Marijuana Legalization May Lead to Justice Reform
Public opinion on marijuana legalization has changed considerably in the last two decades. Marijuana usage was once taboo. But for the last decade, the percentage of Americans supporting legalization has consistently stayed at or above 50.
A Gallup poll from late 2020 shows that nearly 70% of Americans now support legalization. Several states have legalized the use of marijuana and more are poised to follow. This opens the door for both conservatives and liberals to weave marijuana legalization and regulation into their platforms. And, they can use marijuana policy to introduce other important policy conversations, too.
Marijuana legal in 17 states and counting
New Mexico, New York, and Virginia have passed legislation to legalize marijuana in 2021. This brings the count of states in which marijuana is legal up to 17, along with Washington, DC. Many states where marijuana is still illegal seem poised to follow suit, with Connecticut and Louisiana leading the way.
As marijuana use becomes more widely accepted, legislators have an opportunity to be thoughtful in shaping new policies. In addition to legalizing marijuana’s use and sale, there’s opportunity to regulate how and to whom it can be sold and where it can be used.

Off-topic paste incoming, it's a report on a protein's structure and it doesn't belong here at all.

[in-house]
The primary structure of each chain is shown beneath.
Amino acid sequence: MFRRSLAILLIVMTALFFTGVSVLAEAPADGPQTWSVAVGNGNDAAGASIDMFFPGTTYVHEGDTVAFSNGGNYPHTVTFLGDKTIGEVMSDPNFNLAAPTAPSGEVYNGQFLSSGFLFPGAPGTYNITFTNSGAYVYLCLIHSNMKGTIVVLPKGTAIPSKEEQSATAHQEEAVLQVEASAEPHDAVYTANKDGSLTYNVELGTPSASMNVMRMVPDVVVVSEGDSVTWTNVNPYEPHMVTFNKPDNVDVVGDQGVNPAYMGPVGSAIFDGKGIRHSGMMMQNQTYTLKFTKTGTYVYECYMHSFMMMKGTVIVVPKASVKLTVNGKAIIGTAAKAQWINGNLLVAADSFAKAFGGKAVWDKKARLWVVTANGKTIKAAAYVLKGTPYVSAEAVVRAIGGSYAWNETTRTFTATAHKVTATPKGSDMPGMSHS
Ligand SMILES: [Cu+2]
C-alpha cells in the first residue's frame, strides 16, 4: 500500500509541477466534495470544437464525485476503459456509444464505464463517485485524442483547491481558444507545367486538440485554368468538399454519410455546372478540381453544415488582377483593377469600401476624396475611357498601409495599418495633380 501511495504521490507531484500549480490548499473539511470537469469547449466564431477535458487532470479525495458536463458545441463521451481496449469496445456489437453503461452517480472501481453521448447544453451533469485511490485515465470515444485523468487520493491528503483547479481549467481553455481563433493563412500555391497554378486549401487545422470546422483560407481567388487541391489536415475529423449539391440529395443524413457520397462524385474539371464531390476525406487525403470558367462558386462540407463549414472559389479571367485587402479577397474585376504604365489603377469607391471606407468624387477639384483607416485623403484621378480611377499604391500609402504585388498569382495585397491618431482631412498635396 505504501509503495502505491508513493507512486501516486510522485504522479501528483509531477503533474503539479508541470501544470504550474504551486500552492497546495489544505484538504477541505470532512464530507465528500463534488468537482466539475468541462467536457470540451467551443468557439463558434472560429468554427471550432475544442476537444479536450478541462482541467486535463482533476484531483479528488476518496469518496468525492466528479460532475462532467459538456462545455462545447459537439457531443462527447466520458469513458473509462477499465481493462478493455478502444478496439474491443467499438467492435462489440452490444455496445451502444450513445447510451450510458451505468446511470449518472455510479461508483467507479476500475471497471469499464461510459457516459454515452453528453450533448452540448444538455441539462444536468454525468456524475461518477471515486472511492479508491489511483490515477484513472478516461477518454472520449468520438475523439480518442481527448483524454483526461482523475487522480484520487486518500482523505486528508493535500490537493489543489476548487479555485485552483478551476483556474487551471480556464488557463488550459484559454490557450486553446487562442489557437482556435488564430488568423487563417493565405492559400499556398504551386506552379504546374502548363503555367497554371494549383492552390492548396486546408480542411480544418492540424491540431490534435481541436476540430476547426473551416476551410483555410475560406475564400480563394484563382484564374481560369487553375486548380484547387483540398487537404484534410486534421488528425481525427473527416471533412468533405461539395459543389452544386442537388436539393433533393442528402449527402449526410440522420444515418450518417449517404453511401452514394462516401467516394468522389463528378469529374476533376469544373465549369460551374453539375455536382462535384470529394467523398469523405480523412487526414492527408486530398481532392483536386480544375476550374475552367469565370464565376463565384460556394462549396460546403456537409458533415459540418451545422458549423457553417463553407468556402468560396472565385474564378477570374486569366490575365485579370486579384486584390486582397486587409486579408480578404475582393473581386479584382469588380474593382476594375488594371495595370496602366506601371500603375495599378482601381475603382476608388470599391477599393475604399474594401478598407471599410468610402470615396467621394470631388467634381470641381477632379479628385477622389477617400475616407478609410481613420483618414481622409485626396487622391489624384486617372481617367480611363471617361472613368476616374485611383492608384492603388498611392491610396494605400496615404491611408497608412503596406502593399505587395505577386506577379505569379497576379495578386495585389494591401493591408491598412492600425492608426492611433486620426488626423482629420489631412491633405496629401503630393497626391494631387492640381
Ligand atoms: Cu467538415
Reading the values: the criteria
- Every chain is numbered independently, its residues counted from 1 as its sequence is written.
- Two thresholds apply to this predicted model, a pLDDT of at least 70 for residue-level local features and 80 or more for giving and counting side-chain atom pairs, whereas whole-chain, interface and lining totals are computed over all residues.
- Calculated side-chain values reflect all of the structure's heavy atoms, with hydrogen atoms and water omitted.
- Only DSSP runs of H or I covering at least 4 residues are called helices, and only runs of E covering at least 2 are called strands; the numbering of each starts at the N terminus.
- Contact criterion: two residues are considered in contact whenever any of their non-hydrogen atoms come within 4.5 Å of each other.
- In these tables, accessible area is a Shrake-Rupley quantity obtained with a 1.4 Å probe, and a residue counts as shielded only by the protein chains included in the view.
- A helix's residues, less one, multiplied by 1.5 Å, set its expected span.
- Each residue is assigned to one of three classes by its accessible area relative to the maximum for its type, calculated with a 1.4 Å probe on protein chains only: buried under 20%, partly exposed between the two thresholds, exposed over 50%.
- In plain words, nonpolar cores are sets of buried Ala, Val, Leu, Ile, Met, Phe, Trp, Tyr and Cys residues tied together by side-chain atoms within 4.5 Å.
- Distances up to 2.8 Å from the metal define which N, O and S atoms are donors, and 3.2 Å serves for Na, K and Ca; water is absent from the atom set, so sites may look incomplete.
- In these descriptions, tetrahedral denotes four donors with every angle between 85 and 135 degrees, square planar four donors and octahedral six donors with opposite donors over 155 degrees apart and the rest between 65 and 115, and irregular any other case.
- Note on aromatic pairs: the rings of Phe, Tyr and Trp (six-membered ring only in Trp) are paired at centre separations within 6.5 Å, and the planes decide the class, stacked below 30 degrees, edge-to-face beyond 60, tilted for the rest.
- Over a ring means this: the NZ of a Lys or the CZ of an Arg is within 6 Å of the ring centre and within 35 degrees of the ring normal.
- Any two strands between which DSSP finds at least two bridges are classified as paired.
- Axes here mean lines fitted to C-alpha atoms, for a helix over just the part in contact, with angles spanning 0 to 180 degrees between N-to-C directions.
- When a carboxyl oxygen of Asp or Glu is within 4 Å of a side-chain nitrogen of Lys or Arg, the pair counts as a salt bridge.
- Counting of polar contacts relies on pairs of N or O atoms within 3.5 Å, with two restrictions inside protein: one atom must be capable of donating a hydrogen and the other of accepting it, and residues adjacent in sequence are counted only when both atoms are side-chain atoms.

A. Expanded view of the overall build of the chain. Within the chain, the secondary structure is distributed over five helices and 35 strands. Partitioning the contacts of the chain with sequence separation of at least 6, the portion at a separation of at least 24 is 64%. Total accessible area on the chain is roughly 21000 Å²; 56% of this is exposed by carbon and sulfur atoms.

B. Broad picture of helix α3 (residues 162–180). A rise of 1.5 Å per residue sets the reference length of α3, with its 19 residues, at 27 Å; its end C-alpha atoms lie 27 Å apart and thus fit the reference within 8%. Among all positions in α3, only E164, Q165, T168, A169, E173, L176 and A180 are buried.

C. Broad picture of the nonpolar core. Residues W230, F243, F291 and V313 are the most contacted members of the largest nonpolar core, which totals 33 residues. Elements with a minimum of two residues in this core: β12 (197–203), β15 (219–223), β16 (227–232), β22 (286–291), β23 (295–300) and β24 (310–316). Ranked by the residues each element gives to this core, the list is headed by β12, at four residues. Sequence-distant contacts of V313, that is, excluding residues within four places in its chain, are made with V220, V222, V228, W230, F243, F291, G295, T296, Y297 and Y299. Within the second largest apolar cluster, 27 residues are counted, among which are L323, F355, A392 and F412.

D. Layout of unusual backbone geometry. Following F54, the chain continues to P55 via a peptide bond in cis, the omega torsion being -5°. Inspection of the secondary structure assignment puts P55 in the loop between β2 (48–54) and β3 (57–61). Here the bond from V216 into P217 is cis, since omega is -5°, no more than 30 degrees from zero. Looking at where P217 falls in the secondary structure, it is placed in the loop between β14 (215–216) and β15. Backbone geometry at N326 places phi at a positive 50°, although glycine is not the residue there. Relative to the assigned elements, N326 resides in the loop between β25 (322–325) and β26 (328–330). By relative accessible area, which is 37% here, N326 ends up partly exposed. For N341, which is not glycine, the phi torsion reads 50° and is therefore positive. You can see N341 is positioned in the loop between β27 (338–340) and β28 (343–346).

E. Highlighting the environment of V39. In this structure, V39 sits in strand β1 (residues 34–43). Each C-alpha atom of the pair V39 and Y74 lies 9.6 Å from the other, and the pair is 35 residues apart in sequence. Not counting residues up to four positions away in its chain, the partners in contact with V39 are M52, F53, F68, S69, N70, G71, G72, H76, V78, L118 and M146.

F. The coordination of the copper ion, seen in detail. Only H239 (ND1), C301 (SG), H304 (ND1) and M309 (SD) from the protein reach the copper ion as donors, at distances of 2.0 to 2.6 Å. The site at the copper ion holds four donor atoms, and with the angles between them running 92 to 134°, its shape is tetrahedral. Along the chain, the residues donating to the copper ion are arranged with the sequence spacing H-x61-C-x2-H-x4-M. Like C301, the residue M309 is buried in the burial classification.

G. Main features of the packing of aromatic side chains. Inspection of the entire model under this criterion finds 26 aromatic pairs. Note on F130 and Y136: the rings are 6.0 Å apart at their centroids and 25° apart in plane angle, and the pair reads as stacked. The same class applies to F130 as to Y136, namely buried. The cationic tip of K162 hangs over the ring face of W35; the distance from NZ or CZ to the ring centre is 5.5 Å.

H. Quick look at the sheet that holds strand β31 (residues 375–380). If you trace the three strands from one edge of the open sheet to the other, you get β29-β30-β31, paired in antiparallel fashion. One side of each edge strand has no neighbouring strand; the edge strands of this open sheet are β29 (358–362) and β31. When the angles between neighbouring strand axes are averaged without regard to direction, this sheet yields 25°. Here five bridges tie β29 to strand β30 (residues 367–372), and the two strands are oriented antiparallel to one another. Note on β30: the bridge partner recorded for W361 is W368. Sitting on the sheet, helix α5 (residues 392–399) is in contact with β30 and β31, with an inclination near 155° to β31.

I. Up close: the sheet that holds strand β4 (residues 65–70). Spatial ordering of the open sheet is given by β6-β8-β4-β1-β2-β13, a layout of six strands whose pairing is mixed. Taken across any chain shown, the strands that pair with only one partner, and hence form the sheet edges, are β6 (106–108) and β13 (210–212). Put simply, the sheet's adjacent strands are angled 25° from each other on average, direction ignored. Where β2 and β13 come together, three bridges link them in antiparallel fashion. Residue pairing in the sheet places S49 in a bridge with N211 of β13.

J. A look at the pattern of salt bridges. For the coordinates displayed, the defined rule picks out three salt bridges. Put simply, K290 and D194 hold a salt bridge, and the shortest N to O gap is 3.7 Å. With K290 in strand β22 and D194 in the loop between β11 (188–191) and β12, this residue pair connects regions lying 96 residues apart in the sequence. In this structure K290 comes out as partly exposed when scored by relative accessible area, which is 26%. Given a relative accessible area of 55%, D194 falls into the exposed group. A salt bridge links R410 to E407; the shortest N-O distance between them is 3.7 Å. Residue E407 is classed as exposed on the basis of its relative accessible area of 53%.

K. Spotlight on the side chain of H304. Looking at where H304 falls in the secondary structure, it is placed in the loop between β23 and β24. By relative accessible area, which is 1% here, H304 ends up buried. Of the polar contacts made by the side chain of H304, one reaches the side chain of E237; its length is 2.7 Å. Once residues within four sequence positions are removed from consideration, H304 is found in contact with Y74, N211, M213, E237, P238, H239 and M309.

Rethinking decades of criminalization
One of the biggest opportunities marijuana legalization presents is the opportunity to reform the criminal justice system. Millions of Americans are in prison because of marijuana use and sales, and Black Americans are disproportionately affected.
Legalization means politicians can commute the sentences of those serving time in prison for marijuana-related crimes that took place years ago. It also means criminal records can be expunged for those offenders. And it could mean deeper conversations about racial equity and the criminalization of other activities that don’t cause harm to the innocent, like hard drug use and public intoxication.
Americans are becoming more accepting of marijuana use. Liberals and conservatives alike stand to benefit from seizing this political moment to address hard questions and rethink how the justice system should look.